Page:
}

You would have to cast NULL to char* to get the correct result, which is
less obvious than the fact that you need to cast literal 0.


Isn't the above argument the equivalent of saying that Stroustrup was
wrong to use 0 instead of (void*)0 ?

--
Ron House ho***@usq.edu.au
http://www.sci.usq.edu.au/staff/house
Apr 19 '06 #26

P: n/a
Old Wolf wrote:
Ian Collins wrote:
fcvcnet wrote:
free(p);
// free just add p to the free list of memory, and do nothing else.
// Is there any use of p? If we never use p why not just nullify p in
free()?
Because you pass the pointer by value, so free() can't change the value
of the pointer.


Actually free() does change the value of the pointer.


It doesn't. It even can't.
It's a bit of an oddball function. (After the call, the pointer's value is
indeterminate; before the call, it wasn't).


No. The pointer's value is exactly the same as before. However, the object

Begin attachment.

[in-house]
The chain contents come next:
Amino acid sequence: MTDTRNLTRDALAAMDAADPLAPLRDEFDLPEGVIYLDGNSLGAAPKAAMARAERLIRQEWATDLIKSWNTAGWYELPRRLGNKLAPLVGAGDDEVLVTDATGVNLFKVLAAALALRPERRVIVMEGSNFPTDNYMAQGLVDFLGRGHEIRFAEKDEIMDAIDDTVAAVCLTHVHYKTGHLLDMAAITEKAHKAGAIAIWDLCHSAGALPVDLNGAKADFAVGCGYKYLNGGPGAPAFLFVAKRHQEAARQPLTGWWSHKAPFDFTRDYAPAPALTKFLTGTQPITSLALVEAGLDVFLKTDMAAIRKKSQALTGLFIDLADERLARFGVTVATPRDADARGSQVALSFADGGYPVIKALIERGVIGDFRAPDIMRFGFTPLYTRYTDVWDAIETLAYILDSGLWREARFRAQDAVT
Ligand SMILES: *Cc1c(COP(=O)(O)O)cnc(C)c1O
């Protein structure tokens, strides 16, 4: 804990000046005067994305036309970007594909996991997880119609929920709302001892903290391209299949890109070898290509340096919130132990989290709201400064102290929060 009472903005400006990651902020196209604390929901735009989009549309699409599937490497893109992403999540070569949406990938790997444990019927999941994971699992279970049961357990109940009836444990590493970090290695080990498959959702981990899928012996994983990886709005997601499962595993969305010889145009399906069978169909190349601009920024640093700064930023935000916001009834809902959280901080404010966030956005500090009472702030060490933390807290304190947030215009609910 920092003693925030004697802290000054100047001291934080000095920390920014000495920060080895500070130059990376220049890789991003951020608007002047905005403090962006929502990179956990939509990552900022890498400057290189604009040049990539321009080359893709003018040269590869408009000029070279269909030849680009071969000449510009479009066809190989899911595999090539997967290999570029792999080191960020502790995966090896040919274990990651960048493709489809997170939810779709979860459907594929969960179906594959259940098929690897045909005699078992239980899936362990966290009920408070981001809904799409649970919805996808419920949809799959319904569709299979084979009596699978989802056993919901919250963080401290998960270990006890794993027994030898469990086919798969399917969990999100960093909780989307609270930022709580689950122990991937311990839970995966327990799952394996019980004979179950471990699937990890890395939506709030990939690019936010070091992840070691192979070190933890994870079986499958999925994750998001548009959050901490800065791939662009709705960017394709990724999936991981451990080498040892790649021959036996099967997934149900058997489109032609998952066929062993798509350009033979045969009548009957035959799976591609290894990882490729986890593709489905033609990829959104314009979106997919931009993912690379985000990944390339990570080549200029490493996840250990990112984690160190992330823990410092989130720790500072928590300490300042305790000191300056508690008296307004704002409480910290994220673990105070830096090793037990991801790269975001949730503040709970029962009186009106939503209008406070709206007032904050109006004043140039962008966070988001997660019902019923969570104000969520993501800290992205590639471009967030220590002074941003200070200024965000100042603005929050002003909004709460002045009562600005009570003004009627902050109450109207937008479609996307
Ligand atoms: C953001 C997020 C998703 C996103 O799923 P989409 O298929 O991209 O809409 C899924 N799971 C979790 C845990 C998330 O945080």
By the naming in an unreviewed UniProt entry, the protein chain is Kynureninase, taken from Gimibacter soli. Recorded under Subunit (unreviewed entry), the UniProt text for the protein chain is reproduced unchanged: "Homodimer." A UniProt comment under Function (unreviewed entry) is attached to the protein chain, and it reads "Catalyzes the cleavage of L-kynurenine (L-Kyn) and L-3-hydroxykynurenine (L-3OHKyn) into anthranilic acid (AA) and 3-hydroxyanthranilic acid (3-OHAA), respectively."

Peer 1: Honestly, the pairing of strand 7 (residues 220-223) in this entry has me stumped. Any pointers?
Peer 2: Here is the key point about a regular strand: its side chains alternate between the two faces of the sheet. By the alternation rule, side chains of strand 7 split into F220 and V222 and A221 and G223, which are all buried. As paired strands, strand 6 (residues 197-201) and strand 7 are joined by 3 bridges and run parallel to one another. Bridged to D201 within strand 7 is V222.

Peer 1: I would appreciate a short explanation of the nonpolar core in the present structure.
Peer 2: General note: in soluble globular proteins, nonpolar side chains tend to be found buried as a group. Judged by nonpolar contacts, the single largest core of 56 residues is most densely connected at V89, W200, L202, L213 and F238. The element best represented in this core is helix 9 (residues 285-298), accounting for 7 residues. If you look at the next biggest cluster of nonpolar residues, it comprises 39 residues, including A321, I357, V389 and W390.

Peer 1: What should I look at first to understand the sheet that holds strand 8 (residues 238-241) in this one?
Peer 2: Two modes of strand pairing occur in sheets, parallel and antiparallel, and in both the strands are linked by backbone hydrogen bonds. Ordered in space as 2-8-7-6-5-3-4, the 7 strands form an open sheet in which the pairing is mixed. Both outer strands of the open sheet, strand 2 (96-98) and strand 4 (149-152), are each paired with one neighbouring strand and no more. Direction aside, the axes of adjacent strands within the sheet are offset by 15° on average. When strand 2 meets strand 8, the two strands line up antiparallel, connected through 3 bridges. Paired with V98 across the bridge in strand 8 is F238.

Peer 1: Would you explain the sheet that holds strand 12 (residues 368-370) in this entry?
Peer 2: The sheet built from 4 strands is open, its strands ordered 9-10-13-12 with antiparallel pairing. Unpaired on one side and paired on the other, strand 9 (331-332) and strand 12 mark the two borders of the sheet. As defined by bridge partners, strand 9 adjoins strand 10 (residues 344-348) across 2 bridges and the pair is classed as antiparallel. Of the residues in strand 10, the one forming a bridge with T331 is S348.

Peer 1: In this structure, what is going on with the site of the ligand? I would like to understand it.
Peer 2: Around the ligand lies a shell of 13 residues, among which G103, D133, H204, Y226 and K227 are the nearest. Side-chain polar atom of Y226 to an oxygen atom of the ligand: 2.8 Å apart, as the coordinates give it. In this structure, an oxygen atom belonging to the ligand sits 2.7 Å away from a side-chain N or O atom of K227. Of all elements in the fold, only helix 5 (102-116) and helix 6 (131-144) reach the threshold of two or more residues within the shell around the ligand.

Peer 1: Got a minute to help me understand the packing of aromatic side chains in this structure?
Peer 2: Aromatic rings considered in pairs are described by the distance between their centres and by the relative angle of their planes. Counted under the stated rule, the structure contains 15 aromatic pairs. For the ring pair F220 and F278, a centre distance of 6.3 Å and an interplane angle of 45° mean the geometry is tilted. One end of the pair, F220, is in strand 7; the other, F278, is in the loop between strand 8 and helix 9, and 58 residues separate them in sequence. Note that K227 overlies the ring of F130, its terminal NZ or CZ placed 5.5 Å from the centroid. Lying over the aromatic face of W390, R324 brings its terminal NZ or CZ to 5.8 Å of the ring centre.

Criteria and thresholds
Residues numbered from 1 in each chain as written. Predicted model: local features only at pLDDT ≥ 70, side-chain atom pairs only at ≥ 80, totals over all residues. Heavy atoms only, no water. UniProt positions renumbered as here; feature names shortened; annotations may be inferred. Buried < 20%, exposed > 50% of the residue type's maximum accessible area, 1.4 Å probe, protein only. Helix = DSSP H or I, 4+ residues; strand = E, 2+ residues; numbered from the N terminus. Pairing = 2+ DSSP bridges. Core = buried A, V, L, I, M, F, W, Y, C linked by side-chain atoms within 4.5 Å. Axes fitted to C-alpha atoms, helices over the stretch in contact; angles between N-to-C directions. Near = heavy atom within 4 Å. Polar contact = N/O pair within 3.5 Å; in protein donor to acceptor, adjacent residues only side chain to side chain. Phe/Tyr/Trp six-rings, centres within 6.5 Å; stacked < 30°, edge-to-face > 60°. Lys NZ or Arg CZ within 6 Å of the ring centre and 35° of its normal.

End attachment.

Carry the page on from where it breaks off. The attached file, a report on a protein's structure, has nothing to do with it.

that it was pointing to is gone.
If you write a letter, and the house that it's supposed to go to is knocked
down, that won't magically change the address written on the letter.
However, it will be invalid, because there is no house at that address
anymore. It's just the same with a pointer to a destroyed object.

Apr 20 '06 #27

P: n/a
Rolf Magnus wrote:
Actually free() does change the value of the pointer.
No. The pointer's value is exactly the same as before.


Are you completely sure? What if the pointer lived in a register that
twitched, or something, when the memory it pointed to got changed?

(The example for free() was raised that a segment-offset system, with two
values for each pointer, could become invalid when the OS releases the
segment. Not the same as changing the pointer value, but pretty danged
close.)

--
Phlip
http://www.greencheese.org/ZeekLand <-- NOT a blog!!!
Apr 20 '06 #28

P: n/a
Phlip wrote:
Actually free() does change the value of the pointer. No. The pointer's value is exactly the same as before.

Are you completely sure? What if the pointer lived in a register that
twitched, or something, when the memory it pointed to got changed?


In this case the hardware is modifying the pointer, not free. You can also
have an int variable that lives in a memory address that is incremented
when is read. If your c++ compiler creates that type of things without some
special way to ask for it, is not a standard conforming compiler.
(The example for free() was raised that a segment-offset system, with two